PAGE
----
Barcelona confirmed this week Neymar will sign a new five-year deal worth a reported €16 million a year. His buyout clause will start at €200 million and rise to €250 million. This is a marquee player seen as integral to their future, but did Barcelona cheat the system—and their rivals—to sign him in the first place?
On Friday, Sept. 23, Spain’s national court in Madrid reopened the case of Neymar’s 2013 transfer. Neymar, his father Neymar Sr., FC Barcelona and their former president Sandro Rosell stand accused of fraud and could face trial in 2017.
This is the full story of how Barcelona’s sensational deal to secure the most coveted young player on the planet crossed the line into scandal. It’s a tale of alleged tax evasion, corruption and tactics as elusive as Neymar is to those who try to tackle him.
CHAPTER I: The Great Denial
"Every year we must face things which aim to destabilise us."
Sandro Rosell, December 2013
Neymar da Silva Santos Jr. was unveiled to considerable fanfare at Barcelona’s Camp Nou stadium on June 3, 2013.
Barca’s then-vice-president, Josep Maria Bartomeu, said the club would pay €57.1 million for the Brazilian star. This amount would be distributed between four parties: “Santos, DIS, Teisa and another sporting consultancy.” In addition, there would be a commitment for Barca to play two friendlies against Santos, and Barca would have an option on certain Brazilian youngsters in Santos’ ranks.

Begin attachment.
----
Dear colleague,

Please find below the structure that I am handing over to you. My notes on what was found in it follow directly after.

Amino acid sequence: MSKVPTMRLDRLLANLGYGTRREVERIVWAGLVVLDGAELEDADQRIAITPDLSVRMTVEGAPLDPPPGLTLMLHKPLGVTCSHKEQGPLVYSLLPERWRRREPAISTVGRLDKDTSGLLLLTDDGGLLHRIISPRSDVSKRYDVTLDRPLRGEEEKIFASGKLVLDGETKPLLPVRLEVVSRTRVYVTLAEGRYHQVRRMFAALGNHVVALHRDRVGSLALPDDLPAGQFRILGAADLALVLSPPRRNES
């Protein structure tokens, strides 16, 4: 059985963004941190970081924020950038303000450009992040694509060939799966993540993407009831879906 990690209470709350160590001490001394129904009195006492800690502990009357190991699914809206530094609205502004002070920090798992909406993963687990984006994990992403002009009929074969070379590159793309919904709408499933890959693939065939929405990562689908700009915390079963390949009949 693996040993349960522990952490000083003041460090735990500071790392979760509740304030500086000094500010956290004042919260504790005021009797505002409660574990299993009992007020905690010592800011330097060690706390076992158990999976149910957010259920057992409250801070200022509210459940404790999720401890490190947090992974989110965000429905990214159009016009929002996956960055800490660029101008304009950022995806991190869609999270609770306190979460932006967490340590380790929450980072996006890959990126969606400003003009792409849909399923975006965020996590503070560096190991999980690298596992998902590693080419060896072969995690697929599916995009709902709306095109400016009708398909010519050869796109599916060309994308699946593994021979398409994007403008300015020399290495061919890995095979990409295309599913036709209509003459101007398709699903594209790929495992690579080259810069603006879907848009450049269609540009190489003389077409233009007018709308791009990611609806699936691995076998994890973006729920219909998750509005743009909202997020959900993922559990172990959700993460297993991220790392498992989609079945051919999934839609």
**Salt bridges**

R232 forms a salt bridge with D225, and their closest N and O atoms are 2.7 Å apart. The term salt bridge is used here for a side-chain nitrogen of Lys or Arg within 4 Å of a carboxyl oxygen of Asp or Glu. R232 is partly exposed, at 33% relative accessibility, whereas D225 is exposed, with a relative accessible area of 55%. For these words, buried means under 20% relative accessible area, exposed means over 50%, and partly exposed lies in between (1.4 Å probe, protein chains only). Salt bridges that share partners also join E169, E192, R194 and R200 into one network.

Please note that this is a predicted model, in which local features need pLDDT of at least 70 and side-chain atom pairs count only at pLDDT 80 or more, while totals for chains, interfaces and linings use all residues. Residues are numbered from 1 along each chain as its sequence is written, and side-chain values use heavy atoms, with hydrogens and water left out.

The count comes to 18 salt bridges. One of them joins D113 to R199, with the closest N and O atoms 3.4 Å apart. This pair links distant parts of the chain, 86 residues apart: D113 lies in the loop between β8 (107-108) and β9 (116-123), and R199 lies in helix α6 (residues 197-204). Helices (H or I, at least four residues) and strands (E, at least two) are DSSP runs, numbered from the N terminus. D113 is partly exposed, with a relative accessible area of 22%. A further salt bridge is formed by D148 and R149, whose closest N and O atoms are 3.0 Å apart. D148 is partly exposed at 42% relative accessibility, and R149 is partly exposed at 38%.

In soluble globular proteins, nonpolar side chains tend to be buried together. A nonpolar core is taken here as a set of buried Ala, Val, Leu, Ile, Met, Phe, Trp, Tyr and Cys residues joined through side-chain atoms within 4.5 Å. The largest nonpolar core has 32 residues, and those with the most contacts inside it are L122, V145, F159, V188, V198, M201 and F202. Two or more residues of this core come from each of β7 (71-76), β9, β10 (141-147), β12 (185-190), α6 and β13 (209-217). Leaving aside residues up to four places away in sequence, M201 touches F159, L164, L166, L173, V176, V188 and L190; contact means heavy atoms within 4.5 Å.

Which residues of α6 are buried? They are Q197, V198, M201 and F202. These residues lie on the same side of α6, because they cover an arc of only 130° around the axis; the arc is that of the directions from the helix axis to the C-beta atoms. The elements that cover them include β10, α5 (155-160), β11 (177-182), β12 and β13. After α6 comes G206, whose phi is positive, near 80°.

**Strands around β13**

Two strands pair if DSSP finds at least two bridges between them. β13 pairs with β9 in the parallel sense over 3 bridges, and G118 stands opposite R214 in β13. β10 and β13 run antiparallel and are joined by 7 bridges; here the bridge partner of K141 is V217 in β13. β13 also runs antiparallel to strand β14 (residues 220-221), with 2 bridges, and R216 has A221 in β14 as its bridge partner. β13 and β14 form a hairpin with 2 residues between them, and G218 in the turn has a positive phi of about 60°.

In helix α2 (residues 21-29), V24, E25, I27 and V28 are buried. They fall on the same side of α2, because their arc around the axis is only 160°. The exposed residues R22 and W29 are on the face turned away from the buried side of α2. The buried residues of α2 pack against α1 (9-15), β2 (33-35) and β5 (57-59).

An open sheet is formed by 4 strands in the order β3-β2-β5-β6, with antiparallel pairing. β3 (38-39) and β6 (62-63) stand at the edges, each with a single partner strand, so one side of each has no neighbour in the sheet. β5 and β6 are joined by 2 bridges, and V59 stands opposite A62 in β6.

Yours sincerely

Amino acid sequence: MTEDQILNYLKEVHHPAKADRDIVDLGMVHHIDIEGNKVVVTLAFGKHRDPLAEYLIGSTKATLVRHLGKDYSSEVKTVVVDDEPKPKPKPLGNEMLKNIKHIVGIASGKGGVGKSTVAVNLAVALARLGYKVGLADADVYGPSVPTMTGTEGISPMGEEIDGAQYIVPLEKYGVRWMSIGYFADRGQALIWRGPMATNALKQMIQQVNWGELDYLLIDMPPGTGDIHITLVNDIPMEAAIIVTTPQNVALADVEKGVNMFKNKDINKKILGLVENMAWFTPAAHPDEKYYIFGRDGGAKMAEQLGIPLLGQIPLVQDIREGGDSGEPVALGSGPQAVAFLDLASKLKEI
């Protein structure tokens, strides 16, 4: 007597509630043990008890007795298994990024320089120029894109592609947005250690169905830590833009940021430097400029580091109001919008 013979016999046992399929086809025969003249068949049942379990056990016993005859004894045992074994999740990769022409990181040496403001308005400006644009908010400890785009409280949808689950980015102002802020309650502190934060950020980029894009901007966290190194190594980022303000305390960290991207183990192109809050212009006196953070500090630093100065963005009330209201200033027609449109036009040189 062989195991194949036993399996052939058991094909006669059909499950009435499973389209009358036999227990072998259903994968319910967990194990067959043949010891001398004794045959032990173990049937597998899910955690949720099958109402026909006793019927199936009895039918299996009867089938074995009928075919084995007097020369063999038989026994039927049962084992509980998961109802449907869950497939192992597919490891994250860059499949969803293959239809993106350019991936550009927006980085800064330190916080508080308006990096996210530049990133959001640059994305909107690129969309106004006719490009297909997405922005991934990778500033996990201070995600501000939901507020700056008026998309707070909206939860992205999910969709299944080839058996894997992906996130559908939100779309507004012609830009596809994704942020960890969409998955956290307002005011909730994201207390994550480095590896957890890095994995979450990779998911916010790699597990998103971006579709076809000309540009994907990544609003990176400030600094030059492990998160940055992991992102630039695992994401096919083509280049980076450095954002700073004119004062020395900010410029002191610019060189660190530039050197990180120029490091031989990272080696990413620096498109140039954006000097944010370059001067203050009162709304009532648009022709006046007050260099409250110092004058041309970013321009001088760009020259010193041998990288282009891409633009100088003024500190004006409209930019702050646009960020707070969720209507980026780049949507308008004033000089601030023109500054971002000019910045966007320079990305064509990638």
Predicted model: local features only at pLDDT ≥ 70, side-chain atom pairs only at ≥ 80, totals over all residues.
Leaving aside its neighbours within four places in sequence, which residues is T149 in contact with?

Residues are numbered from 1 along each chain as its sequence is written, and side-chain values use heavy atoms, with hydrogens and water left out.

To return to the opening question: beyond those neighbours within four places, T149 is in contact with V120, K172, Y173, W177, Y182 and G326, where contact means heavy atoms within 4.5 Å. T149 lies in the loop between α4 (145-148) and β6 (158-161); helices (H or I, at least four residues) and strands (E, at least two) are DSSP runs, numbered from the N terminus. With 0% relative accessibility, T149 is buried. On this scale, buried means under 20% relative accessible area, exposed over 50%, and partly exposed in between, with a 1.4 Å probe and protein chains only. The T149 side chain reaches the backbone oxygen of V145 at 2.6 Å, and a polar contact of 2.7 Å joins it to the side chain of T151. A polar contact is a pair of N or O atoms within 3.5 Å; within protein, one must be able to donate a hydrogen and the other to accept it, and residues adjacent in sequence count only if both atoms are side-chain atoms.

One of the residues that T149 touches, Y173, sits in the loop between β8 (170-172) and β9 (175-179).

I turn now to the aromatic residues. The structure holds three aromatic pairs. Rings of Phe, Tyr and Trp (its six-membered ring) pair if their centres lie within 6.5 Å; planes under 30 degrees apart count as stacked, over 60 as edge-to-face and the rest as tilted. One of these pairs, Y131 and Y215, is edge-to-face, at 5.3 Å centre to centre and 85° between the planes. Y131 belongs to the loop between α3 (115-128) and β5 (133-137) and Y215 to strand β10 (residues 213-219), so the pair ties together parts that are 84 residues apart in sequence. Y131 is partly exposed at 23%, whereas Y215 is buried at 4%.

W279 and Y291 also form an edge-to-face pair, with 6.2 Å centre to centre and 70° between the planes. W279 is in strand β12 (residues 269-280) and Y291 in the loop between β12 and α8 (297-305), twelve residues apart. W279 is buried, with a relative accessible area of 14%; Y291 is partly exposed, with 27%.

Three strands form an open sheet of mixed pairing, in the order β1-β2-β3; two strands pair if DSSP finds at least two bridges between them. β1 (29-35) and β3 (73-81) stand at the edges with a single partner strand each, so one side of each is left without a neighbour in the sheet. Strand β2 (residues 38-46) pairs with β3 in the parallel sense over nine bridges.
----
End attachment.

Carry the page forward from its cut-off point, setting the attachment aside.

Barca’s directors were ecstatic. Most of Europe’s biggest and richest clubs had wanted the 21-year-old—especially Real Madrid. Especially them. But Barca got him. What we didn’t know was how they did it.
Confusion crept in, and storm clouds soon gathered. With the deal announced at a cost of €57.1 million to Barca, Neymar’s former club Santos, along with third-party investors who owned a share in his playing rights, cried foul—saying they were not getting their fair share.
Barcelona “socio,” or club member, Jordi Cases suspected foul play. An outspoken critic of Rosell’s regime, Cases made an internal request for information but was turned down. In December 2013, the 42-year-old pharmacist brought an official legal complaint to Spain’s Audiencia Nacional court. He alleged “misappropriation of funds” in the Neymar transfer.
Rosell devoted his Christmas address to the issue. He reiterated the €57.1 million figure. And he alleged a conspiracy—tying questioning of the Neymar transfer with other alleged “external” attacks on the club: FIFA’s youth transfer investigation, a European Commission inquiry into illegal state aid, and Lionel Messi’s tax affairs.
“This is a collection of things which have all happened at once,” Rosell said. “I’d like to think this is just a coincidence; I want to believe there is no organised persecution. But every year we must face things which aim to destabilise us.”